On May 7th a Mr. Trivit, of Denver, entered complaint against Ingram & Christie, who had a train passing our post. Trivit alleged fraud of considerable amount. Captain O'Brien, the commander of the post was down at Gilmans' ranch trying to make some arrangements for the cutting of a lot of hay during the summer. I swore Trivit to the truth of his statement, which I had my First Sergeant reduce to writing. Thereupon I arrested the other two persons, but sent them under arrest with their train to be halted down at Gilmans' for trial by Captain 0'Brien. He tried the matter out, made his finding, and it was complied with, and the matter ended.
During May two professional gamblers, one from Ottumwa and one from Denver, confederated together, got into our quarters, and got into games of poker with our men. They were quite liberal in buying sutler's stuff; and distributing it among the men in the quarters, but they were also very cunning in regard to it. They slept around wherever they could find a place and played poker whenever they could find a victim. Finally I heard of it, got them into my quarters, had a squad of soldiers come and peel off their clothes. They each had several decks of marked cards, and a lot of money. This I took from them, and then put them both into the guard-house until I could ascertain how much they had won from the men. After arriving at what I thought was a fair conclusion, I gave the balance back although it was a good deal more than I thought they ought to have, and I started them out of camp in opposite directions, two miles each way. I never saw or heard of them again. After they had gone several of the boys put in application to have their money refunded to them. To those applying, I returned no money at the time, but gave them first a few days each of extra work around the stables. Afterwards the money was returned to the losers; some of the boys had wives and families at home, who would be very much benefitted by it.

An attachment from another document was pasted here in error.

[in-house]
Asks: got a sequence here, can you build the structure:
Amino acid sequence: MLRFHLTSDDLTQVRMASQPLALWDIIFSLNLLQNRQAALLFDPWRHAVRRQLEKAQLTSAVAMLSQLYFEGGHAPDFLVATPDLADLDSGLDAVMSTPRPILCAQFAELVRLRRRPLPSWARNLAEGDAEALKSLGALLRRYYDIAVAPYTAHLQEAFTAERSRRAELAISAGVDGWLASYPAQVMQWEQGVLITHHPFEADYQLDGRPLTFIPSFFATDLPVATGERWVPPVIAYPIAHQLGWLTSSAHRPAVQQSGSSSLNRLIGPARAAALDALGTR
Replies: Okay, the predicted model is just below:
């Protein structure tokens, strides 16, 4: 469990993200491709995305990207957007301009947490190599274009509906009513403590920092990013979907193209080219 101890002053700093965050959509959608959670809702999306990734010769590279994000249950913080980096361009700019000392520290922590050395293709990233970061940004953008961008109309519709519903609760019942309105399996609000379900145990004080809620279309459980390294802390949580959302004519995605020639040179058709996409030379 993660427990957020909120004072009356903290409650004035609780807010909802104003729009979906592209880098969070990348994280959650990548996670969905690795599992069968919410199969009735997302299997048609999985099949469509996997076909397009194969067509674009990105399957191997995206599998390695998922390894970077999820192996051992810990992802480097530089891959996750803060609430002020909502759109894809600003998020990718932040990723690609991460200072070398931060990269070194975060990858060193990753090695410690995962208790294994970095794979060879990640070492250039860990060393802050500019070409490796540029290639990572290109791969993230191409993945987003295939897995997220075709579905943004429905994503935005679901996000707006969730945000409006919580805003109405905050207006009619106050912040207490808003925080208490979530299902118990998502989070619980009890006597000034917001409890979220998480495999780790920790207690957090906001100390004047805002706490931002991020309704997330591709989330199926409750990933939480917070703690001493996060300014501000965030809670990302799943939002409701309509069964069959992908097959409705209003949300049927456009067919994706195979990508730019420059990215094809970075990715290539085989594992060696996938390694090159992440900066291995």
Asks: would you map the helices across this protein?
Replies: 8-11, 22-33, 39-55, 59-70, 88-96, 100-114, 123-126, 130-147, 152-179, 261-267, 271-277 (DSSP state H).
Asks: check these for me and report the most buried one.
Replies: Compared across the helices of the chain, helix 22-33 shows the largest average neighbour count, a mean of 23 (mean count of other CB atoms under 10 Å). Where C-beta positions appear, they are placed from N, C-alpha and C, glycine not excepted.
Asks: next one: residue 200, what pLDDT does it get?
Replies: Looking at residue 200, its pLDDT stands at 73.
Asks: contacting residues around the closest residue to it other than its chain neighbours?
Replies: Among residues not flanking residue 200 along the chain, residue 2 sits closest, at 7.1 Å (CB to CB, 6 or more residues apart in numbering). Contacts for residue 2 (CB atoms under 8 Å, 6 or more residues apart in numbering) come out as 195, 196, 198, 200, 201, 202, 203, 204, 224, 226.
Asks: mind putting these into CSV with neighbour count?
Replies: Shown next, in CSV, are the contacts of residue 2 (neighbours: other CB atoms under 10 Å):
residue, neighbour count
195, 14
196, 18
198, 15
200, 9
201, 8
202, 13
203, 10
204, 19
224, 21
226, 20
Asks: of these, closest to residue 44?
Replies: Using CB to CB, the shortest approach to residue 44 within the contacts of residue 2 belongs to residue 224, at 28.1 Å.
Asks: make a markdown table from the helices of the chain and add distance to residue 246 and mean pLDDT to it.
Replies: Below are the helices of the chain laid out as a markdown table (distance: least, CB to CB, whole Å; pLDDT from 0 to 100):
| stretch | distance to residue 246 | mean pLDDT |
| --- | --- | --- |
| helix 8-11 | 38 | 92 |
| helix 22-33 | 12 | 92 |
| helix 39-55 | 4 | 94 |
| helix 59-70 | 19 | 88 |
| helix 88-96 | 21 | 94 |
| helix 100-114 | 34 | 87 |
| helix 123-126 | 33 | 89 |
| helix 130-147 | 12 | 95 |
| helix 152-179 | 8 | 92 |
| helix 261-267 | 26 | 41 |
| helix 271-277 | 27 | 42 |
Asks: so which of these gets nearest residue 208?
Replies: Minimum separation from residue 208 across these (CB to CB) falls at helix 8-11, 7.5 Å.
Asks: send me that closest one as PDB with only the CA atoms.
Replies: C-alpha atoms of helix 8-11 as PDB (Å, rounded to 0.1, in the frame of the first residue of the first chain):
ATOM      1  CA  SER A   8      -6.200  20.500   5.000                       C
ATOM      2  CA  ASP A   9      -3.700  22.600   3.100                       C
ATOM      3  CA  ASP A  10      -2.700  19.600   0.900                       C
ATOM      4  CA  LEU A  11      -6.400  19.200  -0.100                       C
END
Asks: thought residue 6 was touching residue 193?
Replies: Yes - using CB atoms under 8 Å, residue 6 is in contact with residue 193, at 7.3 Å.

We had received requests from headquarters to prepare maps of the country as far as we knew. So we got up maps of the country, making them accurate as far as we were acquainted with the lay of the land, by observation or by advice of pioneers and others, as best we could. Along where we were, from Gilmans' to Jack Morrow's there were five cedar canyons, and we had explored them all pretty well, and we could make our maps so as to comprise a radius of twenty miles south of the river. I afterwards saw where, in the Chief Engineer's office at Leavenworth, our maps had been worked into a large Nebraska map, of which a copy had been forwarded to the War Department. It is from such sources as this that maps of a country are first made.
Some person going East from Denver had stopped at our post, which had been put up hastily, and which occupied a place that seven months before had been vacant. This person going East had published in an Eastern magazine a full account of the rapidity with which the work had been done, the value of the post, and its fine situation; in the article appeared my name among others. In one batch of mail I received letters from five different girls who wrote saying they had seen the article, and suggesting correspondence. One was from Monroe, Wisconsin, one was from McGregor, Iowa, one from Ottumwa, Iowa, one from Broadhead, Wisconsin, and another from Waterford, Pennsylvania. Captain O'Brien got a number, but we answered none of them.